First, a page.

Lisa Dobriskey has had some incredible highs and lows in her career. The 28-year-old 1,500m runner won silver at the 2009 Worlds, came fourth at the Beijing Olympics and took gold at the 2006 Commonwealth Game.
However, at the World Championships in Daegu last year she surprised everyone by coming second-last in her qualifying group. Now she has her sights set on success with Team GB at the London Olympics but, as she explains in this exclusive Running Bug interview, she is taking it one day at a time.
1. What’s your first memory of running?School sports day, I must have been at infant school and I remember racing for the "red" team in a sprint race.
2. When did you start taking running seriously and competing?As soon as I started at Ashford AC, I would have been about 11 or 12 years old. My first major race was English schools.
3. How important do you think ‘learning’ to run is? How has your running style changed over your career?With experience I have changed so much from when I first started running. Running is such a pure, raw sport and so it's very easy just to do what comes naturally. To me that used to be just running as fast as I could as soon as the gun went off! Now I've developed tactics and ways of pacing myself, I have a better gauge for what my limits are both physiologically and physically. My actual style has also changed a lot in order to help prevent injuries and make me more efficient in races. I spend a lot of time working on drills, core and conditioning. This means I run a lot taller when I'm fatigued and don't waste energy sinking into the ground. My foot contact has improved so I don't tend to lope so much, this is particularly important when I'm trying to pick up the pace at the end of a race.
4. Is it ever to late to start running? What advice would you have for runners starting out?No, not at all, anyone can run at any age. For runners starting out I would always recommend they build up their training slowly and make it sustainable. Make sure you have the correct footwear but most importantly enjoy it! For first time runners the 1st couple of weeks may be hard going but once your fitness improves (and it will do so quickly) you'll notice the difference and really start to enjoy runs. So stick at it!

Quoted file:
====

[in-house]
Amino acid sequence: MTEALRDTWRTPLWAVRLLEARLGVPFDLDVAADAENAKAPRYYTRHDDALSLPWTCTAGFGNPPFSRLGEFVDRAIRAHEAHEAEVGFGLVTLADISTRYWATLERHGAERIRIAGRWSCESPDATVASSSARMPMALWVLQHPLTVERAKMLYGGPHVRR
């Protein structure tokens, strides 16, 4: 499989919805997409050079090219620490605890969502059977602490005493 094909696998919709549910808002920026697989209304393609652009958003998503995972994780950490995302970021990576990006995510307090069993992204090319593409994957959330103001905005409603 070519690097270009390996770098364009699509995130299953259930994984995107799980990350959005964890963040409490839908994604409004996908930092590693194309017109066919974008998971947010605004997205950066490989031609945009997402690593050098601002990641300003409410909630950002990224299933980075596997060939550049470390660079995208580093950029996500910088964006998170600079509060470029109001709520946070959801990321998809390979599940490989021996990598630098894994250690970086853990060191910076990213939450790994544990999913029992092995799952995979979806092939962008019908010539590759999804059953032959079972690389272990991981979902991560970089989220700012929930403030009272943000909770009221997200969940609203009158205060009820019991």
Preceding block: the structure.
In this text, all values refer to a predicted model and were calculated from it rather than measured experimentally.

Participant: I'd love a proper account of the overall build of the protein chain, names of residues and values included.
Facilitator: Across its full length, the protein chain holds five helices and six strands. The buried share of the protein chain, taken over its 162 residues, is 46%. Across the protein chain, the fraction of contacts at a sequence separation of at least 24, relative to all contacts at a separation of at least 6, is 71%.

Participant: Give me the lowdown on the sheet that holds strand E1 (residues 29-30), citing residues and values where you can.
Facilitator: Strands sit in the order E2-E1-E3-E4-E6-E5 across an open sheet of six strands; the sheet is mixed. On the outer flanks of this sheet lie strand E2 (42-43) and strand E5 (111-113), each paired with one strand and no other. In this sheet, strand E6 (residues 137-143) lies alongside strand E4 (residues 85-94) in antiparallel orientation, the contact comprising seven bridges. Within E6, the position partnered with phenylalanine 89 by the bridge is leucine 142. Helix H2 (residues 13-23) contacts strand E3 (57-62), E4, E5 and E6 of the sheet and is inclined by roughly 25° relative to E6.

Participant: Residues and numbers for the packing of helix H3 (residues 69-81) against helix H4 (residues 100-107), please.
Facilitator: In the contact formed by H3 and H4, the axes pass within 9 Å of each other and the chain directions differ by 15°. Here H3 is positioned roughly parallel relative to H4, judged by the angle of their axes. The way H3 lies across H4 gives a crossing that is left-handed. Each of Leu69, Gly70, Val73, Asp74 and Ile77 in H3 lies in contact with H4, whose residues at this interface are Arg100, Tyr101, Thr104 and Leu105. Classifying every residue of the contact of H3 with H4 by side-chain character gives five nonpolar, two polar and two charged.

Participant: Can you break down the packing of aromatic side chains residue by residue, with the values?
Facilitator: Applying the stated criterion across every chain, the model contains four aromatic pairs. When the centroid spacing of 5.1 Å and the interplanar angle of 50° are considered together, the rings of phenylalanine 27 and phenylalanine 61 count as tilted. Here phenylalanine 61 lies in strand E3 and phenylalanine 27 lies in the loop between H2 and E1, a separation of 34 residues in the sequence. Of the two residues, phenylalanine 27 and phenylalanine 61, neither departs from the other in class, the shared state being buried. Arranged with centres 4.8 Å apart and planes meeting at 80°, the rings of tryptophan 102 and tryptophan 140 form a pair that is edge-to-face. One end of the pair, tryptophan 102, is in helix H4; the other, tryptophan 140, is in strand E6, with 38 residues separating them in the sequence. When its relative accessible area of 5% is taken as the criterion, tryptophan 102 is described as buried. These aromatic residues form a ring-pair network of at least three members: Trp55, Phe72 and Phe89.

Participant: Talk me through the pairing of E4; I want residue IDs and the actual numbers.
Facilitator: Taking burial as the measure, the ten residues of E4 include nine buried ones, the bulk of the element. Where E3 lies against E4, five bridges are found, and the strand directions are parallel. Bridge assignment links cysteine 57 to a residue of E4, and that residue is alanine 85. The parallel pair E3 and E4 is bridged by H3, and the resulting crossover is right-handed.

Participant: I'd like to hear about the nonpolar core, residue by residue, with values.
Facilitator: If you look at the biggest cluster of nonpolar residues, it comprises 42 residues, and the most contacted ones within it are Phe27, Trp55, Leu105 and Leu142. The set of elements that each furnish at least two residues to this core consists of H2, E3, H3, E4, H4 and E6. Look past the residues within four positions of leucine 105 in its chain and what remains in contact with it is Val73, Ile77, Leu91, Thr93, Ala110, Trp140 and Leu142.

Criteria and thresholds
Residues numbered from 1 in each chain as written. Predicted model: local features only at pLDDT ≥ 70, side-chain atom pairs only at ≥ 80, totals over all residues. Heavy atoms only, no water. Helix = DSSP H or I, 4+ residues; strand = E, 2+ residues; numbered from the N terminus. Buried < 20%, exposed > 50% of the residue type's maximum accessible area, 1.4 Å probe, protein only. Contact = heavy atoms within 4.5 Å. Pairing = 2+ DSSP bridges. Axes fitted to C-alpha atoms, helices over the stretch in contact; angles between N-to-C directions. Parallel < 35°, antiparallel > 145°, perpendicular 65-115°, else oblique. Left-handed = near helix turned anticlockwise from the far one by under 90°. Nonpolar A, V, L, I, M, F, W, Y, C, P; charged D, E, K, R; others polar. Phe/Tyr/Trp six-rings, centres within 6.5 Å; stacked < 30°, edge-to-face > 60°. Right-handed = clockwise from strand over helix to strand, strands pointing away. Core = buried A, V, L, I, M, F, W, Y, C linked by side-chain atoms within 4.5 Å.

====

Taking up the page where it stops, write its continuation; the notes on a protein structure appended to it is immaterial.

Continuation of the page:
5. Come race day, what is your preparation, mentally physically and nutritionally?I'll do a light jog in the morning and then try to stay as sedate as possible throughout the day using minimal energy. I don't think too much about the race until a few hours before hand. I eat very plain food and smaller portions often rather than big meals.
6. How has low iron affected you in training and personally?Low iron has wiped me out in the past, I'd struggle to complete training sessions and felt tired day to day. Racing would be below par and I'd just feel exhausted. Once training started going poorly I'd get down and worry a lot about what was wrong so it was a relief to find how easy it was to fix and to keep on top of. By taking Spatone every day I was able to top up my iron levels, without any unwanted side effects.7. How is your training going and how does the intensity change in the build up to the Olympics?My training is going very well thank you. I have recently enjoyed 5 weeks away in South Africa and so it's been a shock to the system coming back to the cold. In terms of intensity, we pretty much keep things the same as any other year. It's important not to get carried away as that's when injuries happen. 8. How do you mentally prepare for and visualise winning the 1,500m?I don't allow myself to think that far ahead just yet, it's just a case of day by day, session by session, run by run. Focusing on the processes not the outcome.9. How will the Olympics being held at home affect you?It will make a massive difference, the home support will be amazing. It's such an opportunity to be part of something so big.
10. How do you think sports in general, and the Olympics in particular, benefit the UK and what legacy do you hope to see from the Games?I think it's a great way to inspire people of all ages to become involved in sport. I hope the legacy will make sport accessible to everyone and motivate and drive people to be the best they can be in whatever field they work in.
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